Chile, Argentina, Cape Horn: The end of the world

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At around age ten, my earliest memory of a personality from South America was not of any politician, artist, or explorer. It was of a legendary heavyweight boxer, Luis Angel Firpo – known as – “The Wild Bull of the Pampas!” (1)

His nickname captivated me! Firpo is buried in “La Recoleta Cemetery” in Buenos Aires, where I got a chance to pay my respects on November 24, 2013.

Mausoleum for Luis Angle Firpo

It was the beginning of my wife Ann’s and my memorable two week trip to Argentina, Chile and  “Cape Horn” — the fabled end of the world. We finished our journey on December 7, 2013.

As the fates would have it, in that same Buenos Aires’ cemetery is buried Admiral William (Guillermo) Brown (1777-1857), a native of Ireland. He briefly lived in America as a young man, became a sea captain on merchant vessels and made his way to Argentina where he became a national hero. He is known as the “Father of the Argentinian Navy.”

Admiral Brown’s hometown in Ireland was Foxford, located in County Mayo. My mother, the late Nora Thornton, was born in the village of Tavanaghmore, only a few miles away.

There is a monument to Admiral Brown in Foxford, in the town’s square, which I saw on my first in visit to the west of Ireland in the early 1970s. I never dreamt that I would one day visit his grave in Argentina. Go figure.

As for Cape Horn, my wife Ann’s great-grandfather on her mother’s side, William Walton Freed, did travel around the feared promontory as a seaman on the British bark, “Iron Crag,” on November 15, 1878.

His account, “Before the Mast,” is reprinted in the family’s history book. It reveals a harrowing experience. So, a visit to celebrated Cape Horn, has been on Ann’s agenda for a good while.

Although we had been to many countries in Central America over the years, and also to Venezuela and Peru, this was our first trip to the far end of South America. Chile and Argentina share a common border that runs roughly for 3,300 miles along the majestic, snow-covered Andes Mountains.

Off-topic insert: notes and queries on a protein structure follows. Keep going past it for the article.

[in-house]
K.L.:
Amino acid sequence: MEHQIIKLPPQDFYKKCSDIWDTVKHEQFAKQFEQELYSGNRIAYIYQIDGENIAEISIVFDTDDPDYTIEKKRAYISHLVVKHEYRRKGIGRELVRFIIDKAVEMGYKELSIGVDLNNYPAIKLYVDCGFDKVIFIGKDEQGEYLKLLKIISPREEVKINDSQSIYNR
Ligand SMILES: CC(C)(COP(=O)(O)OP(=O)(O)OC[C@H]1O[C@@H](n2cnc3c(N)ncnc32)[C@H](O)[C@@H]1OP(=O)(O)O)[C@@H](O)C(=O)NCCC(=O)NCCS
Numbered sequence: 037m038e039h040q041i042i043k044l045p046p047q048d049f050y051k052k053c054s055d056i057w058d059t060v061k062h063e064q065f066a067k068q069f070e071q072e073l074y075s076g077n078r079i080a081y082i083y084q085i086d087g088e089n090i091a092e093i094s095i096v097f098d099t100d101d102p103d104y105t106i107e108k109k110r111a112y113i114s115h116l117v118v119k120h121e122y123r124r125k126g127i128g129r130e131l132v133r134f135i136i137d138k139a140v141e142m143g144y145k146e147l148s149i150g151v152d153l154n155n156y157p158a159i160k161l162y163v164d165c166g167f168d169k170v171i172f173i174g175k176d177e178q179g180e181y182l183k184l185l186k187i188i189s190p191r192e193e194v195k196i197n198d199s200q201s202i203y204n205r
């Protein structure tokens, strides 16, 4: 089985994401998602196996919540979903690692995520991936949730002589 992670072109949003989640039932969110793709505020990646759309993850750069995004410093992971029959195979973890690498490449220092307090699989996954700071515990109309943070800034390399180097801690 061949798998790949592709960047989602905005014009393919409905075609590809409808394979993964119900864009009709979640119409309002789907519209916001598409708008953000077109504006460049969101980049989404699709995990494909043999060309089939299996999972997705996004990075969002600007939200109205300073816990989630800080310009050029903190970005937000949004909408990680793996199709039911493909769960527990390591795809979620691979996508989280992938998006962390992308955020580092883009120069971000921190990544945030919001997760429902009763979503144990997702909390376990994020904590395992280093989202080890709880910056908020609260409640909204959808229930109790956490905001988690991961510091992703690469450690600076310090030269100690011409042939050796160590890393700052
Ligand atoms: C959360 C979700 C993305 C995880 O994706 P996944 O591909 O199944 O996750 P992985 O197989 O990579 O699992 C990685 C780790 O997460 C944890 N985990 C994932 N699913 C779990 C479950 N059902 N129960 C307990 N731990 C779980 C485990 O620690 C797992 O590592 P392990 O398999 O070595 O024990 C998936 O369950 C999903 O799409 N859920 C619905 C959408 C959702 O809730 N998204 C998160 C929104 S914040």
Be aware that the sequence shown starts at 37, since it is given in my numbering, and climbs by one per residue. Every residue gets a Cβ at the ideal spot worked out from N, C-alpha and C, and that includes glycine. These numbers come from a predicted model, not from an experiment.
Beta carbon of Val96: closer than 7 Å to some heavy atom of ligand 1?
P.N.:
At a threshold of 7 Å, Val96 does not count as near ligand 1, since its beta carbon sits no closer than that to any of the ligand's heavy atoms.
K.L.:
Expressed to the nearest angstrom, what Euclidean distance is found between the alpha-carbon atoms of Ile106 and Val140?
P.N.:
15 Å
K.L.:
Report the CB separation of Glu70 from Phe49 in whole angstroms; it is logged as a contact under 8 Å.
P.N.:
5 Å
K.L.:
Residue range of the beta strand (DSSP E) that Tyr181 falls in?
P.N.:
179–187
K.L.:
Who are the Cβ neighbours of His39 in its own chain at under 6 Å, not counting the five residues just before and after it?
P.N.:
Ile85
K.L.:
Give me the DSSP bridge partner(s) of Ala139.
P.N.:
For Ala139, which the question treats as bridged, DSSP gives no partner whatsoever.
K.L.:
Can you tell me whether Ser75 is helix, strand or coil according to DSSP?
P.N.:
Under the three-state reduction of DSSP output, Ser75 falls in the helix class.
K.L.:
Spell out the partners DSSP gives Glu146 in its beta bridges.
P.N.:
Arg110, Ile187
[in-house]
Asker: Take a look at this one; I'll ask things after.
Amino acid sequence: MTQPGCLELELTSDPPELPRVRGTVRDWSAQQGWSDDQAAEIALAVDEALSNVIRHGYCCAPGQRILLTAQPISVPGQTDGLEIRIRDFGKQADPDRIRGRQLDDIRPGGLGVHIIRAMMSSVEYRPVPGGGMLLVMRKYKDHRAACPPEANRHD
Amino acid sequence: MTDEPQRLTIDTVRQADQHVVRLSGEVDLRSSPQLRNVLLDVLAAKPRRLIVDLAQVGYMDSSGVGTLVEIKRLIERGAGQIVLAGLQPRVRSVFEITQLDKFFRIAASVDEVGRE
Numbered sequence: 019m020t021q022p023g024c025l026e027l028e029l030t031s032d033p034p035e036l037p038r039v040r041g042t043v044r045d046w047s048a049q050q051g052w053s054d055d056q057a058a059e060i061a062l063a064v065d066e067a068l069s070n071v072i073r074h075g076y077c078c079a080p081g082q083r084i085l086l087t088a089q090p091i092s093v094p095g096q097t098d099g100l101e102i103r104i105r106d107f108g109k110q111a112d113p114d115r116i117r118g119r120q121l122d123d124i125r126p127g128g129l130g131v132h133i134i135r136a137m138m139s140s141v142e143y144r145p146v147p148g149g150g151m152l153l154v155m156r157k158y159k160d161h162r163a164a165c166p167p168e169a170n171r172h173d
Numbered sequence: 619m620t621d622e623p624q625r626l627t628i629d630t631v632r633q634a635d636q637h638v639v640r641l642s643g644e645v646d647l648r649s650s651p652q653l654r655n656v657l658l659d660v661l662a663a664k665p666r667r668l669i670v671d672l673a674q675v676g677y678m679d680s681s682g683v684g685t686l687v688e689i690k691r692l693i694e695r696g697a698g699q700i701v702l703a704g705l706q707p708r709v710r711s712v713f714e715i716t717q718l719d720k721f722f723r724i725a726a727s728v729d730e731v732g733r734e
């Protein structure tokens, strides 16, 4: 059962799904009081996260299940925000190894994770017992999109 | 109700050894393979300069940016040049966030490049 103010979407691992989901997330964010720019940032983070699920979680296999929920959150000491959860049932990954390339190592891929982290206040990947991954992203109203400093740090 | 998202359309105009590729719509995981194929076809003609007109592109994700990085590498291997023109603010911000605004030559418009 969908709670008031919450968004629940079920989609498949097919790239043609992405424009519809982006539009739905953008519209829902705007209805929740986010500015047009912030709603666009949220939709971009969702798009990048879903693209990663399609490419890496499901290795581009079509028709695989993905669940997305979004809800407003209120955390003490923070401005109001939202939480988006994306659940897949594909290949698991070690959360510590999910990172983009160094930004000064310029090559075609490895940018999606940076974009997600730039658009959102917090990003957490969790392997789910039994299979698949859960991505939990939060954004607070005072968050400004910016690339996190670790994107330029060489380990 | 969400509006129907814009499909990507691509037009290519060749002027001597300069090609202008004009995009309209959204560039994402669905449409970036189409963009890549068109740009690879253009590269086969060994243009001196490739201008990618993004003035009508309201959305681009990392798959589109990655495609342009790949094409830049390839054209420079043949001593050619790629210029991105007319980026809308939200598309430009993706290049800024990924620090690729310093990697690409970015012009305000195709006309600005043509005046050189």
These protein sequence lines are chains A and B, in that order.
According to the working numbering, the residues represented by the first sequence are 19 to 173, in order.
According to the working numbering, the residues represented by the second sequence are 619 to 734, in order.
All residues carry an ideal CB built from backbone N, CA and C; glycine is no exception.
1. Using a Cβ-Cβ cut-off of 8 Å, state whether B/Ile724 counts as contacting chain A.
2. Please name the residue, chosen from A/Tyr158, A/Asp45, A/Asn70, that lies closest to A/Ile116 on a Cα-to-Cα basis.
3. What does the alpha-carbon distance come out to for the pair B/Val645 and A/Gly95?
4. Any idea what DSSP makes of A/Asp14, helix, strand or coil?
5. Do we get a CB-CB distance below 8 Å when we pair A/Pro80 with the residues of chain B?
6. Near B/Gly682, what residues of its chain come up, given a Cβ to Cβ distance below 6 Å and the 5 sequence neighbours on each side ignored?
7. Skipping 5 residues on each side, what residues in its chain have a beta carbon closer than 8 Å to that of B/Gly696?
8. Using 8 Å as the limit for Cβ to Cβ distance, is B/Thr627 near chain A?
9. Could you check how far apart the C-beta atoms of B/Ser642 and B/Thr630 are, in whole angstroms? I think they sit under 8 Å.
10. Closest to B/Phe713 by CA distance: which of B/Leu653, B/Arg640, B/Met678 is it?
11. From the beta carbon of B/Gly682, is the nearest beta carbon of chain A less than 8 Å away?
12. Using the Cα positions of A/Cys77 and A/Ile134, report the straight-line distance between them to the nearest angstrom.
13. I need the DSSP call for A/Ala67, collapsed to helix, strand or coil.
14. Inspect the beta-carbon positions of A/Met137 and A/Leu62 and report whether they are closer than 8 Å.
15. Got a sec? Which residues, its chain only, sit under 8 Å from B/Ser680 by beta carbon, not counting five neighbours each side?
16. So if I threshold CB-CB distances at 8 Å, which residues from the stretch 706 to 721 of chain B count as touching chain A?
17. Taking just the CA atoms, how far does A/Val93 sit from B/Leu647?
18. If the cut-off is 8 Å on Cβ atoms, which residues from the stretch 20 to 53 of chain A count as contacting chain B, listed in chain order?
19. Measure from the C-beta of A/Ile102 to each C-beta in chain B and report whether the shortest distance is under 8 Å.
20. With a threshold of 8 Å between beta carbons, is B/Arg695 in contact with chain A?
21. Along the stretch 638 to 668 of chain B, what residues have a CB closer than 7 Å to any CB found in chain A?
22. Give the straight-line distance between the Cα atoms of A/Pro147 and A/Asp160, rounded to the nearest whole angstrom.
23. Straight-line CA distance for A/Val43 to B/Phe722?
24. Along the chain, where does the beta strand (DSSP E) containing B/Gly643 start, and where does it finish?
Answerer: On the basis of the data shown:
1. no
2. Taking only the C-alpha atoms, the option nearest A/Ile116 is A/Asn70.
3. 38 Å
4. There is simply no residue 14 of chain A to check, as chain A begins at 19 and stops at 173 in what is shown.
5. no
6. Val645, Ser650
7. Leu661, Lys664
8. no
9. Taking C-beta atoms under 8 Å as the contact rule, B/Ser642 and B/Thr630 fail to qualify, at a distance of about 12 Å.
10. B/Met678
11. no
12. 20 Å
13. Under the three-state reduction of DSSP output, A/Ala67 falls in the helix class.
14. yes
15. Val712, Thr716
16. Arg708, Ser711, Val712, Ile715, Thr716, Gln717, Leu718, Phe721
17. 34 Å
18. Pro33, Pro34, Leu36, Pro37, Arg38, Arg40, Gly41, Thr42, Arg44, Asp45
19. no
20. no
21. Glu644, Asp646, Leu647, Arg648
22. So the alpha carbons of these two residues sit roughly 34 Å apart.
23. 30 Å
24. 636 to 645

Back then, one of the popular tourist attractions in Argentina was Archbishop’s Jorge Bergoglio’s cathedral/parish in Buenos Aires, but the good cleric was no longer there! He was now – Pope Francis!

Archbishop Bergoglio was elevated to the pontificate on March 13, 2013. We did get a chance to check out the “Metropolitan Cathedral,” where he had once served.  I found out that he was very popular in both Argentina and Chile.

One woman told me: “Pope Francis is a breath of fresh air. I’m thinking seriously,” as she laughed out loud, “of coming ‘back’ to the church!” I responded, in chorus,“Me too!”

Over all, we spent four days in Buenos Aires and environs. Imagine traffic like in the flick, “Rush Hour!” That’s Buenos Aires!

The Plaza de Mayo, in Buenos Aires, was our next stop. Sadly, there have been some evil-doings associated with it. From 1976 to 1983, Argentina was engaged in a “Dirty War,” a time of blood-filled “state terrorism.”

There may have been as many as 30,000 innocent victims. To learn more about this grim subject, and about the participation in the mass protest actions over the missing and the dead, led by the brave mothers of that city, check out: “Madras de Plaza de Mayo.” (2)

I also recommend, on a much lighter note, a visit to Buenos Aires’ artsy, working-class neighborhood, the charming — “La Boca” — located in the old waterfront district.

Leaving Buenos Aires, we took a plane ride to a boomtown, Calafate, found on the great windswept plains of the Patagonian steppes. Think film director John Ford and his fave cowboy, “Big” John Wayne.

The flight took five hours. As we inched closer to Chile, we visited by bus some of “Los Glaciares National Park.” Is it big? Try 1,700 square miles! The highlight for us was a close-up view of the Perito Moreno Glacier.